Each correlator has a pair of decimators 29 and 31, a quadrature despreader 33, pair of accumulators 35, 37, squarers 39 and 41, a summer 43, and an integrator 45. The I and Q bit streams 18 and 20 are received as samples at respective decimators 29 and 31 at a bit rate of about 8×1.2288 MHz=9.8304 MHz. The decimators reduce the number of samples according to the desired search resolution which, in this embodiment, is ½ chip. Thus, two I and Q samples per chip period are provided to the quadrature despreader 33. The samples provided by the decimators 29 and 31 at each correlator 34, or the I PN and Q PN components of the reference code are, however, delayed by different respective amounts corresponding to the time offset associated with the respective correlator so that each correlator is associated with a different time offset. The remaining functions of each correlator are the same and are conventional, such that each correlator produces a respective correlation value after the accumulators 35, 37 and integrator 45 are allowed to operate on the incoming I and Q components for a given dwell time. The given dwell time may be represented by the product of coherent and non-coherent accumulation periods N and M, for example, as is known in the art. The correlation values and corresponding indices are stored in a correlation buffer 64 on completion of a search.
The correlator controller 32 receives a master timing signal which indicates a phase of the reference code and is operable to delay the start of a search by a programmable amount, relative to the phase of the reference code, to provide the different time bases for each search. In this embodiment this delay has a resolution of ⅛ chip.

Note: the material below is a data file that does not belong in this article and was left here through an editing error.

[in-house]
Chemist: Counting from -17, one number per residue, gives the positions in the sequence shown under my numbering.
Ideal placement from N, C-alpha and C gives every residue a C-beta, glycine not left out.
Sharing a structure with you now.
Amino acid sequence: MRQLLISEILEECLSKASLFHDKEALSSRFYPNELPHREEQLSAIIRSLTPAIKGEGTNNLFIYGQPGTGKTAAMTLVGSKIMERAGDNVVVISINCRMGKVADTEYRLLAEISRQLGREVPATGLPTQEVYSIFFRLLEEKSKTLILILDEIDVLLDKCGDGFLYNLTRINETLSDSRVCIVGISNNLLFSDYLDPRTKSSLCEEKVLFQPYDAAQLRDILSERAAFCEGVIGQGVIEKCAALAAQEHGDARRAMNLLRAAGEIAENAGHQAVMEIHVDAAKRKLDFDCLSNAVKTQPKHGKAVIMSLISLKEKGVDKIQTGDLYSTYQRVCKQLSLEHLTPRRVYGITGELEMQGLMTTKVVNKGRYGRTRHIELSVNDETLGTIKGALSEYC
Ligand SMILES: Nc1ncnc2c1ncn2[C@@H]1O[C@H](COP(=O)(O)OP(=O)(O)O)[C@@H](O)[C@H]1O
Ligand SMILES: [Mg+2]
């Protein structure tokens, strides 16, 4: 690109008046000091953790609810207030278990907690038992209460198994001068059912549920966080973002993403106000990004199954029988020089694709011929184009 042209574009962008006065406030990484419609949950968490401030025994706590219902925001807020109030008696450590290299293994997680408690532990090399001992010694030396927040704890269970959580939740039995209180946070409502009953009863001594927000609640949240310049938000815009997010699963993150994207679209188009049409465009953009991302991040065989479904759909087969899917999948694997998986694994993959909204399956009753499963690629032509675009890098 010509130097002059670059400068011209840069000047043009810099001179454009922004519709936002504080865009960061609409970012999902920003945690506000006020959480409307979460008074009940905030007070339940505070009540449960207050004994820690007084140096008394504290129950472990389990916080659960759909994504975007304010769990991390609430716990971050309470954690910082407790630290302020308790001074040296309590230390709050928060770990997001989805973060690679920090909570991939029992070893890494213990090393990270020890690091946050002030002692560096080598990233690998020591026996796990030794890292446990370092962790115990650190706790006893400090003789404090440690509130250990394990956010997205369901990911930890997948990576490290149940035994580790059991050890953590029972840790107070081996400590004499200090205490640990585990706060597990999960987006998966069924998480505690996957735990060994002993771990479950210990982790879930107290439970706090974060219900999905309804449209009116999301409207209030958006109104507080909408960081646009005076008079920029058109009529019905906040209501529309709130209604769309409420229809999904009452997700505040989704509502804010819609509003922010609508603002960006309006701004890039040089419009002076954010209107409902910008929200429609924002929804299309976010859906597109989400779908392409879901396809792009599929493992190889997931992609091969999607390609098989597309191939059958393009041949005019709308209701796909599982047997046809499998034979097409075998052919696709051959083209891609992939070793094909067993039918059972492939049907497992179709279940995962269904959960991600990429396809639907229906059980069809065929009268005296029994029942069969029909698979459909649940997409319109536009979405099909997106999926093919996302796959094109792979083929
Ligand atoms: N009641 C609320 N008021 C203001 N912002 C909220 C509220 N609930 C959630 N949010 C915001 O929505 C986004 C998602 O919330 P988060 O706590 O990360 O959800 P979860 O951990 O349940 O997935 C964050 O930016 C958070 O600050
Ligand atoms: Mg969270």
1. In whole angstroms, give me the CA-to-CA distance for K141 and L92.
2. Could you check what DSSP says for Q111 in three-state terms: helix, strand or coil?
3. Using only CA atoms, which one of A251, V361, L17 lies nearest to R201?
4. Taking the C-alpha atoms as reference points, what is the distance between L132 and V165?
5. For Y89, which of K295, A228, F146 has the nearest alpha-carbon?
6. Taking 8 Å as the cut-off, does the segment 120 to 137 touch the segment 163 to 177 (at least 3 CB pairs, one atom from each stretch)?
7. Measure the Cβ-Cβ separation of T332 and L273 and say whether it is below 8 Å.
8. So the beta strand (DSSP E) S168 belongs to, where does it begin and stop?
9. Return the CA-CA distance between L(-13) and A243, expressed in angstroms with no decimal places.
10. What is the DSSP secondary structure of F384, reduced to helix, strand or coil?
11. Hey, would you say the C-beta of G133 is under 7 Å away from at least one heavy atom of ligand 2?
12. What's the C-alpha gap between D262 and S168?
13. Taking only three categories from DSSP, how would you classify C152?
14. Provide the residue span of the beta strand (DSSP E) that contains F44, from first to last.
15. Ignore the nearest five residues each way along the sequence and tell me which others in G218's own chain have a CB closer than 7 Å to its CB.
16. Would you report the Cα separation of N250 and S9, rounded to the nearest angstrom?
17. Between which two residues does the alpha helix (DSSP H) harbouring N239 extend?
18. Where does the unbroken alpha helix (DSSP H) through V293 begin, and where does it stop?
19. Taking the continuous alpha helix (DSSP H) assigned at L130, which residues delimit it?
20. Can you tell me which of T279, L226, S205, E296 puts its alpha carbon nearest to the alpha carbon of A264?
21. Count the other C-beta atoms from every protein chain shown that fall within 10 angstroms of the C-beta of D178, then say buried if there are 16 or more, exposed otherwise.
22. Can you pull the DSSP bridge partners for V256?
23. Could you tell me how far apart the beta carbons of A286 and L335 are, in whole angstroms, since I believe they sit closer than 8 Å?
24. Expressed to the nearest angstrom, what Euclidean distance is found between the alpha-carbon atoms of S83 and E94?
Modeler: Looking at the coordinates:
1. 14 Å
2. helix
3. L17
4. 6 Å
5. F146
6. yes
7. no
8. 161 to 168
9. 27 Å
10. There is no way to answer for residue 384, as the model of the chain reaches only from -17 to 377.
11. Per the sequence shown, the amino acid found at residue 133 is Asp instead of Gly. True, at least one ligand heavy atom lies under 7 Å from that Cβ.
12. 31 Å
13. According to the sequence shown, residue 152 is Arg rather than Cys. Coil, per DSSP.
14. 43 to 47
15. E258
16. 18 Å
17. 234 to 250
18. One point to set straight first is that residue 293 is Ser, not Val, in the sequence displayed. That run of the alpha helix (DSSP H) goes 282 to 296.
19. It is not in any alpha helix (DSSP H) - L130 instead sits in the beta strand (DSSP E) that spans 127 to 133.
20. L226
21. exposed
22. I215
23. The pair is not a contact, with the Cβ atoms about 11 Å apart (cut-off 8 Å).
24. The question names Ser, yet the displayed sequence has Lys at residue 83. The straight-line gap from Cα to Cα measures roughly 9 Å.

The correlator controller 32 controls the despread, accumulation, squaring, summing and integrating functions of the correlator in response to variables stored in a winstart register 56, a winsize register 58, a dwell time register 60 and a resolution register 62. The winstart register 56 holds an offset value representing the time base delay (i.e., phase shift) to be applied to the overall search. The winsize register 58 holds a value representing the number of correlators 34 to be rendered active during the search. The dwell time register 60 holds a value representing the time period, or number of chips, over which the correlation is to be calculated. The resolution register 62 holds a value representing the searcher resolution, i.e., the number of samples per chip which are to be provided from the decimators 29 and 31 of each correlator to their corresponding quadrature despreaders 33.